Donald Trump may have officially won the 2016 presidential election after Monday’s Electoral College vote, but that doesn’t mean the president-elect’s many business conflicts will suddenly disappear. Between reports the New York real estate mogul wants to keep a stake in his empire and his adult sons’ latest attempts to capitalize on his election win, Trump’s business ties and their increasingly problematic closeness to the White House require a level of scrutiny unlike anything seen before in a modern presidency.
Whether or not all of the necessary inquiries will be answered — let alone posed — remains to be seen, especially given the attitude demonstrated by Trump surrogate and potential cabinet pick Newt Gingrich. During an interview on The Diane Rehm Show‘s Monday episode, the former House Speaker offered a rather alarming answer when asked about whether or not Ivanka Trump and her husband Jared Kushner’s potential involvement in the administration would break anti-nepotism laws:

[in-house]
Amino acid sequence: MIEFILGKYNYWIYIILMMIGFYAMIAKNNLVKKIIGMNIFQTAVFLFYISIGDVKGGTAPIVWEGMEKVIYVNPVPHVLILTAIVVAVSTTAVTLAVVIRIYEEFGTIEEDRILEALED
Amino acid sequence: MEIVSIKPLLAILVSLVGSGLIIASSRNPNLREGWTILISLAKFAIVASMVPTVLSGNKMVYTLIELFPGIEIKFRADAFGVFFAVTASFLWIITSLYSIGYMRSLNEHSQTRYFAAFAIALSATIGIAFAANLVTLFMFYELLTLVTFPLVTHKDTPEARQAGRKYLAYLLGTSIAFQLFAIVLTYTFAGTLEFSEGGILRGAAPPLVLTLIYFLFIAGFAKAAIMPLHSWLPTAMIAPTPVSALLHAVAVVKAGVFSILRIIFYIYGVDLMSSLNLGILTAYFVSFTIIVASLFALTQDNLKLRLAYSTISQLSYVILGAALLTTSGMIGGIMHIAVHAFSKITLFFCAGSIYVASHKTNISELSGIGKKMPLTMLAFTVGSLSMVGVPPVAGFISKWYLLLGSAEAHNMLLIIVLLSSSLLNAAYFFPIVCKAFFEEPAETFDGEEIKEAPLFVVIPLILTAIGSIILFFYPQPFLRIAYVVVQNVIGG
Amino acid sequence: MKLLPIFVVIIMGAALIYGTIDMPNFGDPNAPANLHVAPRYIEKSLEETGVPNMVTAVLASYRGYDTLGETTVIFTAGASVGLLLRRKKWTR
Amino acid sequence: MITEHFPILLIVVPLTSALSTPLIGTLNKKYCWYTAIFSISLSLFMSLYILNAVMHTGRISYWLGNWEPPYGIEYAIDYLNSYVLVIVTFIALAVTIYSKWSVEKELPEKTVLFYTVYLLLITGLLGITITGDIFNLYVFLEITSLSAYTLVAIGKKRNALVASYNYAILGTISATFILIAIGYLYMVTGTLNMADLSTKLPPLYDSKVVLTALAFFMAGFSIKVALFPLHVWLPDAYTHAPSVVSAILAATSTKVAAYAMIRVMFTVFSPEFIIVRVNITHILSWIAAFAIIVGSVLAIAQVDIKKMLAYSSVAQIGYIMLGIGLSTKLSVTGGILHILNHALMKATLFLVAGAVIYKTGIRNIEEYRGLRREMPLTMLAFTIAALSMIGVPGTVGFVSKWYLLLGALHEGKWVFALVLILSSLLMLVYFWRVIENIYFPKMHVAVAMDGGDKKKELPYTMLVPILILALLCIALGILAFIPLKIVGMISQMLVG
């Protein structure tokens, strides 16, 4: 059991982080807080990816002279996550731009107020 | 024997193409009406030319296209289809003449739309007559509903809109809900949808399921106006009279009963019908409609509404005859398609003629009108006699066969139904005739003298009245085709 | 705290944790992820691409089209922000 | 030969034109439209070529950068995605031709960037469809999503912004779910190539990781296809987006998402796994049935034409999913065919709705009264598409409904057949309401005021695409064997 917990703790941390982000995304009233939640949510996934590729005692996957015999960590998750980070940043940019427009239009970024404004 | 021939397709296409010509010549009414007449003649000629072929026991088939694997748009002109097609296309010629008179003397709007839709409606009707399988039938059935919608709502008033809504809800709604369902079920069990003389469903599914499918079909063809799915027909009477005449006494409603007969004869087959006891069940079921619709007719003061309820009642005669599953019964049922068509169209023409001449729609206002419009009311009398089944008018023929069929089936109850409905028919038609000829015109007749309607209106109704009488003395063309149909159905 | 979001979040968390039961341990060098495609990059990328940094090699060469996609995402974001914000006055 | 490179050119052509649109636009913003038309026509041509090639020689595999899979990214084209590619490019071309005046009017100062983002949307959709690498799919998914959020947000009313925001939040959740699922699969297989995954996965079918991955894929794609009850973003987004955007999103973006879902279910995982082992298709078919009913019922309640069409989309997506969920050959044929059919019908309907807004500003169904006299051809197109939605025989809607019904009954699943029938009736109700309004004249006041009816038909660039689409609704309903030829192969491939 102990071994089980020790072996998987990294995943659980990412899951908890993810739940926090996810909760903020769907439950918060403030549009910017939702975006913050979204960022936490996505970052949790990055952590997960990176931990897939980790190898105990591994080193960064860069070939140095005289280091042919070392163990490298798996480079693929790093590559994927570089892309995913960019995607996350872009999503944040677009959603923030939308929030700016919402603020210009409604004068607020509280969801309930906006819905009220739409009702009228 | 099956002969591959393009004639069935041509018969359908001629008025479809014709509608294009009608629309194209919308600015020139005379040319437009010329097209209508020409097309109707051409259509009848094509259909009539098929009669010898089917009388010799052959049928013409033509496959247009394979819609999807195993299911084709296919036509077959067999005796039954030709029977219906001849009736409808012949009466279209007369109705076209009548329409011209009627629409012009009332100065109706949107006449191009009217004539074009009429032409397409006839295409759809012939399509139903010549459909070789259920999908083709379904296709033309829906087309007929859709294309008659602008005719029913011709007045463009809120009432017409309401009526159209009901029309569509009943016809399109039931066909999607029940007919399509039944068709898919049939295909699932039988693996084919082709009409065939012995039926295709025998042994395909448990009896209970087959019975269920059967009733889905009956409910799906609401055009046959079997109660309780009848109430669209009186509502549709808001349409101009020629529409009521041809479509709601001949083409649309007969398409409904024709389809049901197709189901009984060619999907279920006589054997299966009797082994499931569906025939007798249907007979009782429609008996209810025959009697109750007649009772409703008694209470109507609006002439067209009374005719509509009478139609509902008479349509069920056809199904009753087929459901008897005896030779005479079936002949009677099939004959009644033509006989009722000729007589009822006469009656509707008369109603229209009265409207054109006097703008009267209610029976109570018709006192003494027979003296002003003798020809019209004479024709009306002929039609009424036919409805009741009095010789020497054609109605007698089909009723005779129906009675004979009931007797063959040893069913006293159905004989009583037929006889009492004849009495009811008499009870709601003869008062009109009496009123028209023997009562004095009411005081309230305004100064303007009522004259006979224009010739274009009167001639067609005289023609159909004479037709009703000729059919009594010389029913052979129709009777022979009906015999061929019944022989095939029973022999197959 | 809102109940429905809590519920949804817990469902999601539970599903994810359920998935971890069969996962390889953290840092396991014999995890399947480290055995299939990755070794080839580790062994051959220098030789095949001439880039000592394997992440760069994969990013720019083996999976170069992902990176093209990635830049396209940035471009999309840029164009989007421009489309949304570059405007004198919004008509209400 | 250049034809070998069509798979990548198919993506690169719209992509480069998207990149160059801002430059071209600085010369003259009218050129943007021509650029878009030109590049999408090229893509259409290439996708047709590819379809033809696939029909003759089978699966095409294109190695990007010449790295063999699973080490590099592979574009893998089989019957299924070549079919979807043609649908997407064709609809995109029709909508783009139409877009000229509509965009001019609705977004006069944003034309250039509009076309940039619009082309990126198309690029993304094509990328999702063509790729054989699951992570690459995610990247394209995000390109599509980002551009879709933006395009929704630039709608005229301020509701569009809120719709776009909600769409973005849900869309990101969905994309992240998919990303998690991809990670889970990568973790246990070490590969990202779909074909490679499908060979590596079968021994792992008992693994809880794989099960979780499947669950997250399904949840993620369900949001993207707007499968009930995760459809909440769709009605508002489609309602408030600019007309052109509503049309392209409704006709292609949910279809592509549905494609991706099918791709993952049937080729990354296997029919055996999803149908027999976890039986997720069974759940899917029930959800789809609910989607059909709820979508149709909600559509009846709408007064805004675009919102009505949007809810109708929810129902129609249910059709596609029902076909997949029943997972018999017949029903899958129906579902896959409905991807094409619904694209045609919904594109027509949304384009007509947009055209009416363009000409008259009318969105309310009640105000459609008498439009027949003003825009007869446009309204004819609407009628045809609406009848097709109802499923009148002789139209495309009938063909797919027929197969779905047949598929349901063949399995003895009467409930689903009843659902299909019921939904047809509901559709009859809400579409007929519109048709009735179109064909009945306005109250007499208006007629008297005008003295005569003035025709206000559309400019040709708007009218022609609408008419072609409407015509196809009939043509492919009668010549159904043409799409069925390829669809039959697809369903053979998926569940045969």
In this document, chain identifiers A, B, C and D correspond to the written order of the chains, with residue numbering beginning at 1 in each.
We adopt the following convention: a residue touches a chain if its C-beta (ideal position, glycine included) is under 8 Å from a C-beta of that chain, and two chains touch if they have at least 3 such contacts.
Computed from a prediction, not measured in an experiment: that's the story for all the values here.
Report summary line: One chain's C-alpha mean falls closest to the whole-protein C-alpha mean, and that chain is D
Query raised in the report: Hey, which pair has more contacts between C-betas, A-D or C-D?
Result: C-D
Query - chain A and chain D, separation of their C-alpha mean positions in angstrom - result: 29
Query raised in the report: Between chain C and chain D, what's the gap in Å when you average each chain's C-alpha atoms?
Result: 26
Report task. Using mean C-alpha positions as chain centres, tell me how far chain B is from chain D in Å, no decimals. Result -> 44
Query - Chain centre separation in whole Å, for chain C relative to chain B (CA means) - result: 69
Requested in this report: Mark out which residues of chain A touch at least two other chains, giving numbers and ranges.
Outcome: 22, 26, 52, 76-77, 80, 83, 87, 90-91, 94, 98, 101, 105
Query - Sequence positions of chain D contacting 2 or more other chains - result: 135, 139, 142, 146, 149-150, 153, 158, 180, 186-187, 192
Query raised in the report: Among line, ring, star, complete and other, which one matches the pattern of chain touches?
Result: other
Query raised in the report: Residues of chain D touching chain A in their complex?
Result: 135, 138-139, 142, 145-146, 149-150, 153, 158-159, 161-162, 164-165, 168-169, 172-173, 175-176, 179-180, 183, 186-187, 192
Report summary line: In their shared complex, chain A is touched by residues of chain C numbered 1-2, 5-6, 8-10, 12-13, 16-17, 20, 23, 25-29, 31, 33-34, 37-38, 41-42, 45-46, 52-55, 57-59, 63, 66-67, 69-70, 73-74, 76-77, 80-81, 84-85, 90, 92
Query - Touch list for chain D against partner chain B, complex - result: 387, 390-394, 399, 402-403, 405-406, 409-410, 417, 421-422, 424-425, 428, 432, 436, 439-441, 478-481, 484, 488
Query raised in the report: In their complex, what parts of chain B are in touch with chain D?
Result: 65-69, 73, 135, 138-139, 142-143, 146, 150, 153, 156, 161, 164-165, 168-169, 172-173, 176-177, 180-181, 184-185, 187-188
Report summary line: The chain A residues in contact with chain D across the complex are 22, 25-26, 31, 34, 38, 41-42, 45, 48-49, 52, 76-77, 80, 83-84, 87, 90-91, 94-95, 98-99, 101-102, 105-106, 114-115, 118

“You have to look at it in the context of what they were trying to accomplish. I think in the case of the president, he has a broad ability to organize the White House the way he wants to. He also has, frankly, the power of the pardon. I mean, it is a totally open power, and he could simply say look, I want them to be my advisors, I pardon them if anybody finds them to have behaved against the rules, period. And technically under the Constitution he has that level of authority.”
According to 5 U.S. Code § 3110, which identifies restrictions on the employment of relatives, no American agency or public official can “appoint, employ, promote, advance, or advocate for appointment, employment, promotion, or advancement, in or to a civilian position in the agency in which he is serving or over which he exercises jurisdiction or control any individual who is a relative.” So if Trump decides to appoint Ivanka, Kushner or anyone else in his family to any kind of position in his post-transition administration, he will effectively break the so-called “anti-nepotism” law.
As Politico notes, what Gingrich said during Monday’s interview was tantamount to suggesting the president-elect “change the ethics laws” to suit his own needs. Yet since Trump canceled a mid-December press conference meant to divulge his plans to qualm potential business and family conflicts while in office (though he wasn’t shy about hosting the press for an off-the-record social gathering), there’s no way to tell precisely how his administration intends to proceed.